To enable x5t validation, pass a truthy value for the x5tValidation flag in the configuration object:

// when creating securityContext manually
xssec.createSecurityContext(access_token,
{ x5tValidation: true, x509Certificate: ... // PEM or DER encoded certificate as string
}, function(error, securityContext, tokenInfo) { ... });

// when using passport
app.use(passport.authenticate('JWT', { x5tValidation: true }));

Test Usage without having an Access Token

For test purposes, you may retrieve the token for a certain user (whose credentials you know) from the UAA as in the following code-snippet.

var http = require("http");
var xssec = require("@sap/xssec");
var xsenv = require('@sap/xsenv');
var request = require('request');

var uaaService = xsenv.getServices( { uaa: 'uaa' } ).uaa;
var testService = xsenv.getServices( { test : { label : 'test' } } ).test;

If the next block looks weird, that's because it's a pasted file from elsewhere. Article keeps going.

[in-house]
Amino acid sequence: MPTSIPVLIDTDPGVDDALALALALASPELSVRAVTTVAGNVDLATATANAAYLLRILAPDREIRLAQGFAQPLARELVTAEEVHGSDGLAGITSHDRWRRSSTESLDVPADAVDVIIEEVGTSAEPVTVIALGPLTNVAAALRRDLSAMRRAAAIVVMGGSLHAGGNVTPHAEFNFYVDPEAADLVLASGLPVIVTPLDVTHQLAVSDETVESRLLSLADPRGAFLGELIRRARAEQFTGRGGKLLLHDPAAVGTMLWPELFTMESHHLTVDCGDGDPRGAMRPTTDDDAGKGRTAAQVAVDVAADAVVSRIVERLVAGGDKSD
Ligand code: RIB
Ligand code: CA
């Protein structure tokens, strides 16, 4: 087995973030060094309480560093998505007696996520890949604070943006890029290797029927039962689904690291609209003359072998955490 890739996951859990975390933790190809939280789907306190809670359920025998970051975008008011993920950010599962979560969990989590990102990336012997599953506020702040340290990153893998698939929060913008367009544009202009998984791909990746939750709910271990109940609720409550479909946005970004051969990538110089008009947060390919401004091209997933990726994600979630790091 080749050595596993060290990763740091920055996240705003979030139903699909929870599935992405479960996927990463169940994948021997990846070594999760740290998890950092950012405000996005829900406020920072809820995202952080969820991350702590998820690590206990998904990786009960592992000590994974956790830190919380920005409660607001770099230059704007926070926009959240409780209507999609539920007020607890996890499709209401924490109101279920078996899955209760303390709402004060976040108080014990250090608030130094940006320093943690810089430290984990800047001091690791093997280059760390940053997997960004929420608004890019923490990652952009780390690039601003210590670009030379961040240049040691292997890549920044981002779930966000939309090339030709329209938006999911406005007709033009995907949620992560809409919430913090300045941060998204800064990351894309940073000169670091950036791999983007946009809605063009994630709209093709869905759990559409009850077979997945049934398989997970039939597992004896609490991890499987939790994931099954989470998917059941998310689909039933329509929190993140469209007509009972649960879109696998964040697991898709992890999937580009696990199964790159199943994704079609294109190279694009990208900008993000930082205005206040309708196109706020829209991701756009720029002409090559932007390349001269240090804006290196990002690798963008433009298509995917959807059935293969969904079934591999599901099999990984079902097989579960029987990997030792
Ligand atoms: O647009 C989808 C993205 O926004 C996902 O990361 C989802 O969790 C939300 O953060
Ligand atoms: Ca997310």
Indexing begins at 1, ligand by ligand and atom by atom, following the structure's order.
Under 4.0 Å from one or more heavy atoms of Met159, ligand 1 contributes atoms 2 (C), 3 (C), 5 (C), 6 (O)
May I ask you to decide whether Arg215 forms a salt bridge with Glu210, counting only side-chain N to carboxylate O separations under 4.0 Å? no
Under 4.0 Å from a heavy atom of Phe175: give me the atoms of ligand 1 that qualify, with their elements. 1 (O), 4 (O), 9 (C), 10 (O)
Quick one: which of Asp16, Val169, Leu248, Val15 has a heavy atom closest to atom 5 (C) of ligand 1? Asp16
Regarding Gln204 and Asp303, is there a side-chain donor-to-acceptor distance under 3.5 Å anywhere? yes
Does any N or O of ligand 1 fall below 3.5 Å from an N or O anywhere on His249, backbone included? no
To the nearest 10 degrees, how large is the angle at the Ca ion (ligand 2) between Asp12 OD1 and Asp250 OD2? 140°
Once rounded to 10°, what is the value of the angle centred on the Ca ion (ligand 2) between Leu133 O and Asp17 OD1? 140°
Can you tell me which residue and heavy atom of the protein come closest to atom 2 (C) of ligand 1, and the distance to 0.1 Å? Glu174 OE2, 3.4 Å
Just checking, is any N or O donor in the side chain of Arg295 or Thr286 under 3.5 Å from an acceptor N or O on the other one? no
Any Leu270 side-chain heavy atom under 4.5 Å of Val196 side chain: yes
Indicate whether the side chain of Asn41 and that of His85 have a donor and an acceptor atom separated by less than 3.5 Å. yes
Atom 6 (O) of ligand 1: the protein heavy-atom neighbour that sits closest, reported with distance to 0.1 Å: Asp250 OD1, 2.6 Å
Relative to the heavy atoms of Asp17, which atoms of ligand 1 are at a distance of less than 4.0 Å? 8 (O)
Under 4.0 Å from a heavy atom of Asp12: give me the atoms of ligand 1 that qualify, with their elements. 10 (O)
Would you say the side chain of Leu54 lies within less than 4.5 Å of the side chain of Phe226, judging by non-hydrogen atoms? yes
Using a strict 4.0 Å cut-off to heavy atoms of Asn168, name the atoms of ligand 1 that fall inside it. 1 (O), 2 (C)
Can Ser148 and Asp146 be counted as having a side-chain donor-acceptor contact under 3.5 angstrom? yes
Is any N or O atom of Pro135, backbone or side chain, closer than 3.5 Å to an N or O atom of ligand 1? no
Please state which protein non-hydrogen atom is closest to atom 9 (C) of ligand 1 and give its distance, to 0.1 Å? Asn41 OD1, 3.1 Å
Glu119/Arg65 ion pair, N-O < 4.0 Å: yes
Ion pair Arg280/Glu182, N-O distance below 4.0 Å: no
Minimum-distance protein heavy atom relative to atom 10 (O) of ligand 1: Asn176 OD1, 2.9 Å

process.env.XSAPPNAME = testService.test.xsappname;

var options = {
    url : uaaService.url + '/oauth/token?client_id=' + uaaService.clientid
            + '&grant_type=password&username=' + testService.userid + '&password='
            + testService.usersecret
};
request.get(
    options,
    function(error, response, body) {
        if (error || response.statusCode !== 200) {
            console.log('Token request failed');
            return;
        }

        var json = null;
        try {
            json = JSON.parse(body);
        } catch (e) {
        	return callback(e);
        }

        xssec.createSecurityContext(json.access_token, uaaService, function(error, securityContext, tokenInfo) {
            if (error) {
                console.log('Security Context creation failed');
                return;
            }
            console.log('Security Context created successfully');
            console.log(tokenInfo.getPublicClaims());
        });
    }
).auth(uaaService.clientid, uaaService.clientsecret, false);

Note that this example assumes additional test configuration in the file default-services.json.

{
  "uaa": {
    "url"             : "<UAA URL>",
    "clientid"        : "<your application's OAuth client id>",